Rent Repayment Battle Heads for Supreme Court

Update March 2023: the Supreme Court has now heard this Rakusen case and held that a Rent Repayment Order cannot be made against a superior landlord.

Judges involved in a long-running legal battle will have another go at ruling who tenants can take to court to settle a rent repayment order.

The Supreme Court will hear an appeal in the case of Rakusen v Jepsen later in 2022 or early in 2023.

The legal battle is over who is the immediate landlord of a tenant living in a sublet home.

Rent repayment order (RRO) legislation says tenants can sue the immediate landlord to repay up to a year’s rent if convicted of letting a substandard home. However, the legislation does not define this landlord's role when a home has a chain of owners and landlords.

The Rakusen case had simmered in the courts since December 2019, when the First-Tier Property Tribunal first heard the argument. Since then, the issue has been to the Upper Tribunal and the Court of Appeal last August.

Who is the landlord?

The Upper Tribunal decided that the law applied to superior and immediate landlords.

If a homeowner sublet a home to another landlord and the second landlord was convicted of a housing offence, the tenants could demand up to a year’s rent back from the owner.

The Court of Appeal overturned this decision to make the immediate landlord responsible for an RRO, and the immediate landlord holds the tenancy agreement with a renter.

The Rakuten case revolves around who the law regards as the immediate landlord.

Although tenants are most likely to have an agreement showing the name and address of their landlord, this is not always so.

Sometimes the right to collect rent may lie with a company or sell on by rent-to-rent operators. In a few cases, rogue landlords sign off with false names to avoid RROs.

Tenant groups and their lawyers like the current legal interpretation from the Appeal Court because the terms allow them to act against a traceable property owner and are more likely to pay up.

What is a rent repayment order?

Under an RRO, a landlord must repay up to a year’s rent or housing benefit costs paid by a tenant or council when the landlord is found guilty of a list of offences.

The relevant offences are:

  • Using or threatening violence to enter a home
  • Illegal eviction or harassment
  • Failing to comply with an improvement notice
  • Not complying with a prohibition order
  • Breaking a banning order
  • Letting an unlicensed home in an additional or selective licensed area
  • Letting an unlicensed house in multiple occupation (HMO)

The RRO claim must start within 12 months of the application date.

Which ruling do landlords follow?

The latest ruling from the highest court determines which version of the law to follow.

In the Rakuten case, the Appeal Court decided that the immediate landlord was responsible for paying any RRO.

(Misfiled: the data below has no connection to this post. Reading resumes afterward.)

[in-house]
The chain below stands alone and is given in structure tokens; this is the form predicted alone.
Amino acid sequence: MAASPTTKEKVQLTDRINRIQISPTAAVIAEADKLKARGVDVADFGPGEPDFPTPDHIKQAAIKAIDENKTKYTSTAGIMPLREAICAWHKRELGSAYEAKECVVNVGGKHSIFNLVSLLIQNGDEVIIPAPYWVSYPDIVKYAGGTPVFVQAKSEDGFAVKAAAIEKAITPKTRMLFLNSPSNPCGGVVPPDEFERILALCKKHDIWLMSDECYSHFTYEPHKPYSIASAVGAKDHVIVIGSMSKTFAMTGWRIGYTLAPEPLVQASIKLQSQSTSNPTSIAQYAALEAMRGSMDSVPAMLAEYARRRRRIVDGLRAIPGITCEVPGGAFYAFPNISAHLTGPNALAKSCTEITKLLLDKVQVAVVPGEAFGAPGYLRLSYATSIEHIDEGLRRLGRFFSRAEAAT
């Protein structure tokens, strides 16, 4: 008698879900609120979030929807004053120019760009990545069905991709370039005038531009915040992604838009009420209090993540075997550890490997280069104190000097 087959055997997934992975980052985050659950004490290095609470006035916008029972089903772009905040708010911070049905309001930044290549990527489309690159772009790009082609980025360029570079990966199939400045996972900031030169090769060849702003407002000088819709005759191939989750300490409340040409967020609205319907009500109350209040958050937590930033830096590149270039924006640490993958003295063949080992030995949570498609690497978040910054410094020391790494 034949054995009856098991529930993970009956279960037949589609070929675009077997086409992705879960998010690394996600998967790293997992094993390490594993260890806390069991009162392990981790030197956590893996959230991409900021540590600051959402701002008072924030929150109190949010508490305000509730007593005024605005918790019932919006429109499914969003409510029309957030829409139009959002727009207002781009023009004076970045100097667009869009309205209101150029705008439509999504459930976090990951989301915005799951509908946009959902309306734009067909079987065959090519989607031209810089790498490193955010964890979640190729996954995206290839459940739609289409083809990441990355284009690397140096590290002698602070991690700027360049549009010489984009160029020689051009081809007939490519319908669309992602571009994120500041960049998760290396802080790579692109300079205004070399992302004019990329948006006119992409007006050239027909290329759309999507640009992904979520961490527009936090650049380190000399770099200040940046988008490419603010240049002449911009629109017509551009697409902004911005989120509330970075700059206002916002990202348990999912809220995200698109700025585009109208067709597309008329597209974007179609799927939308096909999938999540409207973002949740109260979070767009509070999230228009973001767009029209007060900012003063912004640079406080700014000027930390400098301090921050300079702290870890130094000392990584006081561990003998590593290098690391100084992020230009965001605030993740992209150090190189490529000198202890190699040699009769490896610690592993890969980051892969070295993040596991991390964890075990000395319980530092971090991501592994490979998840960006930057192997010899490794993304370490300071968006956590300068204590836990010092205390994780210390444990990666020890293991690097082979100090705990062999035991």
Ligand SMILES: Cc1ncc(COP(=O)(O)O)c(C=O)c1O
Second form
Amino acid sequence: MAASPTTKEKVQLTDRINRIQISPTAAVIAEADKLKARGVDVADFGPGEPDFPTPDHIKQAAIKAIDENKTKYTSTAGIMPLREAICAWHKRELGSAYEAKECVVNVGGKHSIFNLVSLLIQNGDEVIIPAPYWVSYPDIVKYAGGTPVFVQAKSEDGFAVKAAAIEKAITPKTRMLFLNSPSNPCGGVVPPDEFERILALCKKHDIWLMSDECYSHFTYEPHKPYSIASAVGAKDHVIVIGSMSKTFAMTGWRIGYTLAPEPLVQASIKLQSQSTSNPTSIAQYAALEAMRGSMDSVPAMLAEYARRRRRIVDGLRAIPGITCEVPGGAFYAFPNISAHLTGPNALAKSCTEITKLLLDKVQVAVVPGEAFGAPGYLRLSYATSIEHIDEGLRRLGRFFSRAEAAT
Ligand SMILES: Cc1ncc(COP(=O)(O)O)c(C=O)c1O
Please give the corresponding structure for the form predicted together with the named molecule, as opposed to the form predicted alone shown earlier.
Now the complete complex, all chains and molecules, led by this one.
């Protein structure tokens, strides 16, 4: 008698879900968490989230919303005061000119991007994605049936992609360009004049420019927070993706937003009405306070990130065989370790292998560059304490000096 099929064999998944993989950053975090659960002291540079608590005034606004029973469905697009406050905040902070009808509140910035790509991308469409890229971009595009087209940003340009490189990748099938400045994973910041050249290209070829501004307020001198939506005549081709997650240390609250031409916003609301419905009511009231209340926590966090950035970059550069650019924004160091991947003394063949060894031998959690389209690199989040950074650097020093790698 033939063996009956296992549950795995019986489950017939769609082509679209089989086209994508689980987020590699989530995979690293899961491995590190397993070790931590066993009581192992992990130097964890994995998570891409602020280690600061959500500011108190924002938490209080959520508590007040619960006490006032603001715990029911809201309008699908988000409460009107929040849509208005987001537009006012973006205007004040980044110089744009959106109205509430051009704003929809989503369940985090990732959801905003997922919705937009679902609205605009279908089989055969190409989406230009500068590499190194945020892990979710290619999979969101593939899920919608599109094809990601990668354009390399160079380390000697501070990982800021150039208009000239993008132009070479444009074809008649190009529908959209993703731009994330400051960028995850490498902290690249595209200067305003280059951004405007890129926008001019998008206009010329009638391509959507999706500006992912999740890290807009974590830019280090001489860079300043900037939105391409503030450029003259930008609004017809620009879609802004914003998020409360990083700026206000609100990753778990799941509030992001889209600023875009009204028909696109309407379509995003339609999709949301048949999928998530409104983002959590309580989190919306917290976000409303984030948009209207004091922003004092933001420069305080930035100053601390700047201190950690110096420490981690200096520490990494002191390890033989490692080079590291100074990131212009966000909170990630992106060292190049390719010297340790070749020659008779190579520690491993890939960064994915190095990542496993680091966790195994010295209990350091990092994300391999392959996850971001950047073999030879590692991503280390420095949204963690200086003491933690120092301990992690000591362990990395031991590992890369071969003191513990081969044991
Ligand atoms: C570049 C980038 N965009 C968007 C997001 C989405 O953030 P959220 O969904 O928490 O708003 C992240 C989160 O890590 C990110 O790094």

HMOs and Rent Repayment Orders

Rent repayment orders are a halfway house offering a compromise to HMO landlords found guilty of a housing offence, like running an unlicensed house share.

Instead of voiding tenancy agreements and evicting renters if the landlord is convicted of an offence, the contract continues. Still, the tenant can claim a rent repayment under the RRO.

Councils are more likely to pursue RRO because the tribunal process is more straightforward than criminal prosecution, and cases are brought to a close much more quicker.

However, these advantages are tempered by a strict burden of proof beyond a reasonable doubt, as in a criminal case.

Another issue is how tenants identify who is responsible if the landlord has paid a managing agent to let a property.

Rent Repayment Order legislation

In England, the First-Tier Tribunal can make a rent repayment order under Section 43(1) Housing and Planning Act 2016.

In Wales, the Renting Homes Act 2014 (Wales) Act 2014 introduced RROs.

Rent Repayment Order cases

Williams v Parmar [ 2021] UKUT 244 (LC) -  A tribunal does not have to award a tenant a full 12 months' rent but has the discretion to reduce the amount

Vadamalayan v Stewart and others (2020) UKUT 183 (LC) - The ruling allows landlords to deduct the cost of utility bills from RRO awards.

 Goldsbrough & Anor v CA Property Management Ltd & Ors - Held an RRO could be against immediate and superior landlords, but the Rakusen case superseded the ruling.

View Related Handbook Page

Licensing of Private Rented Properties

The Housing Act 2004 introduced licensing of private rented premises. It is compulsory to license larger, higher-risk dwellings, but local authorities are also able to license other types of rented premises, including other lower-risk HMOs and individual houses and flats, if they can establish that other avenues for tackling problems in these properties have been exhausted.